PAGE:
In the postpubescent groups, more differences were found between genders, comparing to the prepubescent and pubescent groups. In this case, boys were significantly stronger than girls in three out of the four FC tests and in two out of the four EJ tests. For the other tests, despite the higher torque peak values presented by boys, the difference was not statistically significant.

It is possible that the differences between genders were even higher if a higher number of girls had participated in this study. This was not possible due to the non-attendance of girls on tests, despite the facilities for the scheduling of them.

The highest strength of the male PO may be explained due to the increase on the muscular mass in this gender and age range. The differences between genders occurred, despite the similar physical trainings. However, these strength differences between genders may be diminished in the upper members if corrected by the muscular mass, and may not exist in the lower members(25). During the growth peak, the boys tend to increase the difference of strength gain in relation to the girls(21). With the beginning of puberty, the strength increase may be different between genders by the testosterone androgenic action(4). Even not quite strong as the boys, the girls from the present study presented values about 100% higher than values from a similar group of non-athlete girls(12), indicating that the volleyball practice led to an increase on the muscular strength.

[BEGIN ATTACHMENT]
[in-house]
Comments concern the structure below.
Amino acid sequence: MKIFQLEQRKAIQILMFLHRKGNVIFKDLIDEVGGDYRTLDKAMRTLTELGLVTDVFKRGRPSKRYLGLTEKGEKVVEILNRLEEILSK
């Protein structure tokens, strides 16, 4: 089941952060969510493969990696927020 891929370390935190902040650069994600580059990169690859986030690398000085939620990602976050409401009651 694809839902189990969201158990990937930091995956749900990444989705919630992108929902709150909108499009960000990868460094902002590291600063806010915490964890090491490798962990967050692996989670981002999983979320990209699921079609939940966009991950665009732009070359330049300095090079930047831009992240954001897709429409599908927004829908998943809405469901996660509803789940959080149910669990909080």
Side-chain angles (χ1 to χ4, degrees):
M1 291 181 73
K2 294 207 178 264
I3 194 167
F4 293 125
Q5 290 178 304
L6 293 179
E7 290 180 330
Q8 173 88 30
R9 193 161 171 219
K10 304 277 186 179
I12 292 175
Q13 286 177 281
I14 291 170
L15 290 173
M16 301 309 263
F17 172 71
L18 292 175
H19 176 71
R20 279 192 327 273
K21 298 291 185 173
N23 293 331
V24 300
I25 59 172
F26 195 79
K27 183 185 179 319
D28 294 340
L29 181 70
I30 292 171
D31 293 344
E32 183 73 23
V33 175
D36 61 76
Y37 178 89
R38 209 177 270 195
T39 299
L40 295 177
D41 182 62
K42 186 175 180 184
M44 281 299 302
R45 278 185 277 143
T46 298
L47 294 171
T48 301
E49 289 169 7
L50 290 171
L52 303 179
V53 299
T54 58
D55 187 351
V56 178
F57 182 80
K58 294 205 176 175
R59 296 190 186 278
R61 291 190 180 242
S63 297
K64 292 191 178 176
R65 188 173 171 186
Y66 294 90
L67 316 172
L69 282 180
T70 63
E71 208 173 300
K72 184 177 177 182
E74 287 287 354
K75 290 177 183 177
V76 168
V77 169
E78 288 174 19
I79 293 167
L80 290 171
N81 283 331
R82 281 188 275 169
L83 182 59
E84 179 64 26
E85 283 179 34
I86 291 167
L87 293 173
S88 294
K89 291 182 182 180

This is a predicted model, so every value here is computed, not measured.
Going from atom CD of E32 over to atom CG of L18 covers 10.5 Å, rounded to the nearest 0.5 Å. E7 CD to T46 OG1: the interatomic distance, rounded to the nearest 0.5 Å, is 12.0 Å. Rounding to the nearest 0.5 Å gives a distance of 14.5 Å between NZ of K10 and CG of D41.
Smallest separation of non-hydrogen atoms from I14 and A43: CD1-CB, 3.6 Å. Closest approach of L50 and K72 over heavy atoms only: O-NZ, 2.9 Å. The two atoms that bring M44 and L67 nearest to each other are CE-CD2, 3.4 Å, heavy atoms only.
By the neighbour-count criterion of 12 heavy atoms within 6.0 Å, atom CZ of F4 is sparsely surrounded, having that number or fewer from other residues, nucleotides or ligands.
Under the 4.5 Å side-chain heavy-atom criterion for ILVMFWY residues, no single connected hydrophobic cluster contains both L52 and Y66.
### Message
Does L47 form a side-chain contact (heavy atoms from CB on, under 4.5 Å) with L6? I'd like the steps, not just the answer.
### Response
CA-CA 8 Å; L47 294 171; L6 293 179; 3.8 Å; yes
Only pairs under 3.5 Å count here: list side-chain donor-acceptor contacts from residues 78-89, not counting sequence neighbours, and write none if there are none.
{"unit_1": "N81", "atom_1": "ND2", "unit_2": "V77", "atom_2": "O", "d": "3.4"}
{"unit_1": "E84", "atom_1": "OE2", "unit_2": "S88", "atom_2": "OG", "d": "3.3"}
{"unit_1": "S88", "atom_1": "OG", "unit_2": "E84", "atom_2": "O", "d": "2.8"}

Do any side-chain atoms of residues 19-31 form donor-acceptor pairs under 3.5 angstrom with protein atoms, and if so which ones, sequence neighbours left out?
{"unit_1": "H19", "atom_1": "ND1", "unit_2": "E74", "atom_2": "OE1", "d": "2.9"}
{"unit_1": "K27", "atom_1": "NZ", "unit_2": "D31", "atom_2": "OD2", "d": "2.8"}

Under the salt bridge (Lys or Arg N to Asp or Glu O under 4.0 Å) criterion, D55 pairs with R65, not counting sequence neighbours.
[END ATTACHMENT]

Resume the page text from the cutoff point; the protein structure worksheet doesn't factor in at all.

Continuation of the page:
Despite the general increase on the muscular strength found in the present study in relation to the non-athletes, this increase could be even optimized if the athletes participated on a specific training of muscular strength. In the study of Smith et al.(7), volleyball athletes were divided into strength-training group and control group. The strength-training group increased significantly the vertical jump and the knee extension at 180º.s-1, while the control group did not obtain significant increase, otherwise decreasing the power of the block jump. This jump power decrease was positively correlated to the decrease on the knee extension strength at 180º.s-1. The authors suggested that this performance decrease might have occurred due to the lack of strength training, thus leading to a higher fatigue in this muscular group.

In the present study, we did not correlate the results of muscular strength to tests of volleyball performance. We attempted to standardize the evaluation protocol based on a previous study(12) in order to enable comparisons between groups. We understand that we could include other movements, angles and speeds that would reflect other game situations and thus, to correlate them to the sport performance. Anyway, the protocol used in laboratory with dynamometry allowed the control of variables that could affect the strength values, enabling higher accuracy on the selected tests.